Women's Basketball

Team Effort Keeps Eagles Hot Against New Hampshire

It is hard to focus during finals. The only things on students’ minds are the holiday cheer on campus and the upcoming break from schoolwork, loud suitemates, and monotonous dining hall food. Motivation wanes as you see your friends pack up and leave for home. Not so for Boston College women’s basketball. Even with all of the distractions, the Eagles revved up for their afternoon game and remained motivated. But instead of focusing just on themselves, they put the team first.

By focusing on the team as a whole, the Eagles (8-1) flew past the University of New Hampshire (6-4), with a final score of 71-51.

During the opening quarter, BC struggled on the defensive end. UNH easily slid into open spaces and penetrated deep toward the basket. With four turnovers and five personal fouls in the opening quarter, BC was handing UNH the ball. When the Eagles had the ball on the offensive end, they struggled on the outside. BC was 0-for-4 from beyond the arc and had to rely on posts Katie Quandt and Mariella Fasoula in order to keep the game close. After 10 minutes of play, the Eagles led by a small margin of 16-15.

Coming out of the short break, it was clear BC had a new game strategy, and UNH’s Nicole Belanger was the center of it. The team knew it had to shut the Wildcat’s top scorer down. BC head coach Erik Johnson kept rotating Nicole Boudreau and Kailey Edwards to guard her, but to no avail. With a new plan enacted, the Eagles were ready.

“When No. 5 [Belanger] would come up we would screen,” Quandt said. “As posts we would be up closer instead of kind of waiting for her to come to us. We made the adjustment to go to her.”

This phone booth effect, as Johnson likes to call it, forced Belanger to shoot a mere 5-of-21 from the field, largely defended by a towering Quandt. Additionally, the Eagles’ held strong in the post, holding the Wildcats’ two main post players, each of whom averages double digits, to only 4-of-20 from the field.This defensive strategy proved BC is the top defensive team in the ACC.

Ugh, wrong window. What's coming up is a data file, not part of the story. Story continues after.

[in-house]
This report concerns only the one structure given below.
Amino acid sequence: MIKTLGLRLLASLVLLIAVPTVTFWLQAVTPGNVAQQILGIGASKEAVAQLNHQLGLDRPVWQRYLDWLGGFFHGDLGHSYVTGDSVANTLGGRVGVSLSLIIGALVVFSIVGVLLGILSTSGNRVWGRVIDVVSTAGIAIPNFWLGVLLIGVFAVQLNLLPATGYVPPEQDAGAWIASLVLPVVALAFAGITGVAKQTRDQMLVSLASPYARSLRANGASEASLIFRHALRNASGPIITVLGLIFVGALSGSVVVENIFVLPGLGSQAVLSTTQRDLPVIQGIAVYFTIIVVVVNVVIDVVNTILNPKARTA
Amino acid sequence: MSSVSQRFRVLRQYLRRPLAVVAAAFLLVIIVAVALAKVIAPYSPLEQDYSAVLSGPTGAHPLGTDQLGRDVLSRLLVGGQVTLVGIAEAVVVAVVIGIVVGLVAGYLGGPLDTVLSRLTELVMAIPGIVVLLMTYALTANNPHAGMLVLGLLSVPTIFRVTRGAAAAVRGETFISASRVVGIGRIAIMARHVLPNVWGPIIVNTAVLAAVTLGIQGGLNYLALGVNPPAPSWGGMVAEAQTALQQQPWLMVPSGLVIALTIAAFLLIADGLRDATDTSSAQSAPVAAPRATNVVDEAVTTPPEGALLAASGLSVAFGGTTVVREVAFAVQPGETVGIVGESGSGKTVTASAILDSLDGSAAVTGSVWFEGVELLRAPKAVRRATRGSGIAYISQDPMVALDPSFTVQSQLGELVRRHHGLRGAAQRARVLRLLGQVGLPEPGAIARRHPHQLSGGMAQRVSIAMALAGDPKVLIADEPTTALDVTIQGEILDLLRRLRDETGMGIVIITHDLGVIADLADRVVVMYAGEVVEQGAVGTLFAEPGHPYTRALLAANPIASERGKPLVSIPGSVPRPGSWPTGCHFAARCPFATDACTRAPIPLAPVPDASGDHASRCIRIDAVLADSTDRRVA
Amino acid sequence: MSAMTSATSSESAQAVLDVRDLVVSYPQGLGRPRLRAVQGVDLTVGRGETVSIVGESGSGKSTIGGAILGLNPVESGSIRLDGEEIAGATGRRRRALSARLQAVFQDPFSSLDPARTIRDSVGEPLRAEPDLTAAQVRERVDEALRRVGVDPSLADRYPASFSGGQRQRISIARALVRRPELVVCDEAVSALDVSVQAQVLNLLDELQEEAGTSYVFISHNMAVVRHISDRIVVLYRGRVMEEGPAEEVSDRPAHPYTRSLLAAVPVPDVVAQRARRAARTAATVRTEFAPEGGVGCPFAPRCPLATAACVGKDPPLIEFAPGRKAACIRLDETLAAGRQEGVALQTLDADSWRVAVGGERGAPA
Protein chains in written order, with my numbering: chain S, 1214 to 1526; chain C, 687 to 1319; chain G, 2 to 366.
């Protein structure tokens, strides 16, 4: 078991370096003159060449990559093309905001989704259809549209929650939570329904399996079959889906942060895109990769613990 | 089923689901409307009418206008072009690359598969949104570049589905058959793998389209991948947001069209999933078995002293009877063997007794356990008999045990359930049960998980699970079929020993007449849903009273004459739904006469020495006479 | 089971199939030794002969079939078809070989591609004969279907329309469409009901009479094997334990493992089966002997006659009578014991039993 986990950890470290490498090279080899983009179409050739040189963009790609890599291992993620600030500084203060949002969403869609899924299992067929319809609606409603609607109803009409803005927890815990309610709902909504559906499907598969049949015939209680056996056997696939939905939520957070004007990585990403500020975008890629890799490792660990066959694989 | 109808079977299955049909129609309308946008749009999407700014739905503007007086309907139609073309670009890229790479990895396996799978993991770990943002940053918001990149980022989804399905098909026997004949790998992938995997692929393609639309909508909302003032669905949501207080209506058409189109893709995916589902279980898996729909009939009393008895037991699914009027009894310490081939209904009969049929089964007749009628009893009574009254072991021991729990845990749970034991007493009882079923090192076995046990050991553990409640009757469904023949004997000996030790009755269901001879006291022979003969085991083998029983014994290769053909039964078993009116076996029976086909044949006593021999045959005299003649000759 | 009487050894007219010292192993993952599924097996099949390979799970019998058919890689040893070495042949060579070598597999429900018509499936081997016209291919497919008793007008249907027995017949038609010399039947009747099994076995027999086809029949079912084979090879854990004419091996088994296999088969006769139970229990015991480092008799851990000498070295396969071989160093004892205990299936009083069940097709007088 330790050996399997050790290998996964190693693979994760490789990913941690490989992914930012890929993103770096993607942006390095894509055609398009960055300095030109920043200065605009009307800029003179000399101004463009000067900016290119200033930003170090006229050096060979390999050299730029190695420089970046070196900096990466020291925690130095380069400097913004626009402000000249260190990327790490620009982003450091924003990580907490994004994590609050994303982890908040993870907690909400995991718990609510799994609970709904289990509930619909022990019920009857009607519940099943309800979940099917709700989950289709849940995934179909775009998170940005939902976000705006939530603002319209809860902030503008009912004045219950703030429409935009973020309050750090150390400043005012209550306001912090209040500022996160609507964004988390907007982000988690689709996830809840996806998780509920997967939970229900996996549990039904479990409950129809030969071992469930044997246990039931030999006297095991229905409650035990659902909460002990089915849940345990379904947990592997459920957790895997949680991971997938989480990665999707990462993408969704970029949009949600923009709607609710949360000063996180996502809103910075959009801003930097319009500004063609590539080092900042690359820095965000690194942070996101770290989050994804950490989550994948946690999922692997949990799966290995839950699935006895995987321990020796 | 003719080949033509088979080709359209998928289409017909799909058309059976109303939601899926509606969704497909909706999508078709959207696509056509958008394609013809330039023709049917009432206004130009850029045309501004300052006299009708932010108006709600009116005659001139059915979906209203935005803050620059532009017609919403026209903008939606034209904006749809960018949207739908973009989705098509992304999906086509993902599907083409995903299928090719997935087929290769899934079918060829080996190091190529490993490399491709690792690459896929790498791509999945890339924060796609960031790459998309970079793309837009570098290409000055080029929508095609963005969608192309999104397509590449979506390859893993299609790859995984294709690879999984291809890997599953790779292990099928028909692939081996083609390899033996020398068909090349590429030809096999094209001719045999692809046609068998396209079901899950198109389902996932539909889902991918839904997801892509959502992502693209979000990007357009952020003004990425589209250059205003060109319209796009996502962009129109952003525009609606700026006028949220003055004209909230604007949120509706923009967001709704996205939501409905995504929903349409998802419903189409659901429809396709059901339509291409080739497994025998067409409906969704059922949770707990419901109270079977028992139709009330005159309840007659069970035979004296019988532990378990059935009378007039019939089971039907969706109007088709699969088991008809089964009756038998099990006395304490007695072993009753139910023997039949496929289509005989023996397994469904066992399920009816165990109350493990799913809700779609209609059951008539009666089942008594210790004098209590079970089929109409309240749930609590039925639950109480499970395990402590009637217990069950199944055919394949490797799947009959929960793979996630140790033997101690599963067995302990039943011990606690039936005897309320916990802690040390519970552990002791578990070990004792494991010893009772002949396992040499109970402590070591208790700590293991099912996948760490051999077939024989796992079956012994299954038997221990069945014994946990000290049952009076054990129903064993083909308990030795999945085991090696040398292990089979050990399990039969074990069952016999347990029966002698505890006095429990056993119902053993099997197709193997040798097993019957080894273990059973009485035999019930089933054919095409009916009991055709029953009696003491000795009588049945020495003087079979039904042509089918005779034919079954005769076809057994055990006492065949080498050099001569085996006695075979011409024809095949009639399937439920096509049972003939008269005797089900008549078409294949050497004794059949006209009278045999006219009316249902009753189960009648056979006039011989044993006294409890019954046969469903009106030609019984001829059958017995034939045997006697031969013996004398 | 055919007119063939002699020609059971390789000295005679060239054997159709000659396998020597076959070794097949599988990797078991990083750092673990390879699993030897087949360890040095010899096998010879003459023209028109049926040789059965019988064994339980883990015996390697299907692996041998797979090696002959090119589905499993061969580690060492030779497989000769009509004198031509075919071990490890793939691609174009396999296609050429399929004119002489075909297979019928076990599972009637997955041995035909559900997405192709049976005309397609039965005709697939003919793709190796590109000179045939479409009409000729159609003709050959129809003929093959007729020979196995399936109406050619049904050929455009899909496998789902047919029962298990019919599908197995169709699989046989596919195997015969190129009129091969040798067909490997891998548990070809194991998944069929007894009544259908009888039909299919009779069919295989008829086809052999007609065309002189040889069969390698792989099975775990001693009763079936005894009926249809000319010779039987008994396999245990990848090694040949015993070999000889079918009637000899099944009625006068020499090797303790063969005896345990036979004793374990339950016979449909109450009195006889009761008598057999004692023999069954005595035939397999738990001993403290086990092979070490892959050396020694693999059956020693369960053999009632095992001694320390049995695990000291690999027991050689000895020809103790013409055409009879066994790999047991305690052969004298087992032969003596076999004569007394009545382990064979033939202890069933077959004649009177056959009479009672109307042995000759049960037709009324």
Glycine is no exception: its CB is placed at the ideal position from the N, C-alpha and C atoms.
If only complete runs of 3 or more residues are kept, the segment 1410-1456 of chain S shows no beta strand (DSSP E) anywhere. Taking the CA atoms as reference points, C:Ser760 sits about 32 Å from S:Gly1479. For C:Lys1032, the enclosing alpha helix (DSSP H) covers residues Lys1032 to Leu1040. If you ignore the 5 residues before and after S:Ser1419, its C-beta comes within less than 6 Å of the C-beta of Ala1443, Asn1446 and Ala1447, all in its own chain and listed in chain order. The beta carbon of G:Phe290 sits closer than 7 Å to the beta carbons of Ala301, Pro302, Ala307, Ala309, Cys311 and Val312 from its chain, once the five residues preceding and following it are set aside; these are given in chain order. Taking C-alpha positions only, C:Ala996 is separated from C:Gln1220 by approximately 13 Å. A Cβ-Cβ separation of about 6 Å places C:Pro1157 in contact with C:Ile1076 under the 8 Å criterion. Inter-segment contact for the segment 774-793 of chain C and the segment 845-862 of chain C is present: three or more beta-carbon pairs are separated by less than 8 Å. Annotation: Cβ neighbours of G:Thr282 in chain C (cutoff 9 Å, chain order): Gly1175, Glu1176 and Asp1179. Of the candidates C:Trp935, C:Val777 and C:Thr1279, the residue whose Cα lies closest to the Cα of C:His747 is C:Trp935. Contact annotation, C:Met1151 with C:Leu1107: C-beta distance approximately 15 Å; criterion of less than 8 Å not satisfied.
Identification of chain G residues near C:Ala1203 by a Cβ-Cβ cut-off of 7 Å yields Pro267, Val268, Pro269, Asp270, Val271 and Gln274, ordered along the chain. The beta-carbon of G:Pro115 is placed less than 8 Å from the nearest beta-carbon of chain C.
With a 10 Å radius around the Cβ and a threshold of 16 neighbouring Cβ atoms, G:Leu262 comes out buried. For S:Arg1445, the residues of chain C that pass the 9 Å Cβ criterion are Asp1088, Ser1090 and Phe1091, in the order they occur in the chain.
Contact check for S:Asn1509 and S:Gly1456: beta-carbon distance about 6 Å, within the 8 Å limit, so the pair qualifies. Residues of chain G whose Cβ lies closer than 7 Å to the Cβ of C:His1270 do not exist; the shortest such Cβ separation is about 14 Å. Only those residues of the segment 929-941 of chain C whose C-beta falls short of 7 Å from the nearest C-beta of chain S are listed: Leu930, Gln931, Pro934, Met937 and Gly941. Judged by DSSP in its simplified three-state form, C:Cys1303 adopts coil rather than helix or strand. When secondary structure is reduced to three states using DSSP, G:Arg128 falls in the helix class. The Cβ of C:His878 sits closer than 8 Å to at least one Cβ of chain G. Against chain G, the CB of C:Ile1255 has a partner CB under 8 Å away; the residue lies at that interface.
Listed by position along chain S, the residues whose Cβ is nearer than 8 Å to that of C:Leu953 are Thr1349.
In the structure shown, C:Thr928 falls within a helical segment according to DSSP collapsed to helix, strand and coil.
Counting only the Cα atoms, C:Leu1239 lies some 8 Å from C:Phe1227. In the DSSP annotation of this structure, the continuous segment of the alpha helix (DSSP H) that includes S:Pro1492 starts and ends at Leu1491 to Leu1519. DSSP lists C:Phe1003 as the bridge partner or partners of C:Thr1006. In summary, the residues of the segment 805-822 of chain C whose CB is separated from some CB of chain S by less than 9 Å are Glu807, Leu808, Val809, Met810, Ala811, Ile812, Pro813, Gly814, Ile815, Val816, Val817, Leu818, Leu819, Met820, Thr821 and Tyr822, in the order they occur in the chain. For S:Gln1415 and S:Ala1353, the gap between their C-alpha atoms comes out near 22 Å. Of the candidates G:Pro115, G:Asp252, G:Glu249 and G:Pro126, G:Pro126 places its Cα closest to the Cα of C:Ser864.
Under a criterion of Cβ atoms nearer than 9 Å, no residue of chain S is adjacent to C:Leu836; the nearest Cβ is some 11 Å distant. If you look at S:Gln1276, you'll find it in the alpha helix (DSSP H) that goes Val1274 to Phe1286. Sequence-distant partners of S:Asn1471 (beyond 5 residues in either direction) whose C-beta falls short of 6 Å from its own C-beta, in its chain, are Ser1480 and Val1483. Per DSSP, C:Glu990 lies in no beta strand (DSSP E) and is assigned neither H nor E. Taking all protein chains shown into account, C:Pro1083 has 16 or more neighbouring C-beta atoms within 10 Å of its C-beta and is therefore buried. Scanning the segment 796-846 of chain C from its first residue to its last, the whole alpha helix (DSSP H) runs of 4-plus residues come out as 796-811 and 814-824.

“When we got going defensively, then we got our transition game going and then we can now go score offensively and we opened the game up,” Johnson said.

This game plan fell into place perfectly. After shutting down Belanger, the Eagles picked up the pace. BC continually ran baseline to baseline past the Wildcats in order to drain layups. By converting on steals and turnovers, the Eagles amounted a nice cushion. With the defense locked down, the Wildcats could not score. BC went into the locker room leading 40-23.

After an electric second quarter, the Eagles slowed things down. Halfway through the quarter, both teams had only scored six points each. The Eagles shot1-of-9 in the 3-point range but used their fast inside-out play to break past the Wildcats’ defense.

The Eagles capitalized on the offensive end toward the end of the third quarter. Martina Mosetti forced a turnover and brought the ball down court, and then passed it off and dashed to the left corner. Quandt was double-teamed down low, forcing her to look to the outside. She found Mosetti in the corner, who quickly launched the ball to an open Edwards up top. Edwards set her feet and drained a three, resulting in a roar from the bench and an enthusiastic fist pump from Mosetti. The Eagles had their largest lead of the afternoon and went into the final 10 minutes with a comfortable 56-36 advantage.

BC did not let up in the fourth quarter. The Eagles continued to go baseline to baseline off of steals for layups. With 6:30 remaining, UNH’s leading scorer, Aliza Simpson, exited the game after committing her fifth foul, guaranteeing a BC victory. By shutting the Wildcats down on their offensive end, each of the 11 BC players that entered the game scored, making this 71-51 win a complete team effort.

Johnson credits this to the team culture. The Eagles are not only focused on themselves, but are there for each other. They do not blame poor play on individual players who are not doing their jobs.

“We made adjustments, we helped, and we played as a team,” Johnson said after the game. “That is something we always ask for and we preach it, but when it really starts happening, that’s when it gets fun.”

Featured Image by Julia Hopkins / Heights Editor

December 13, 2015
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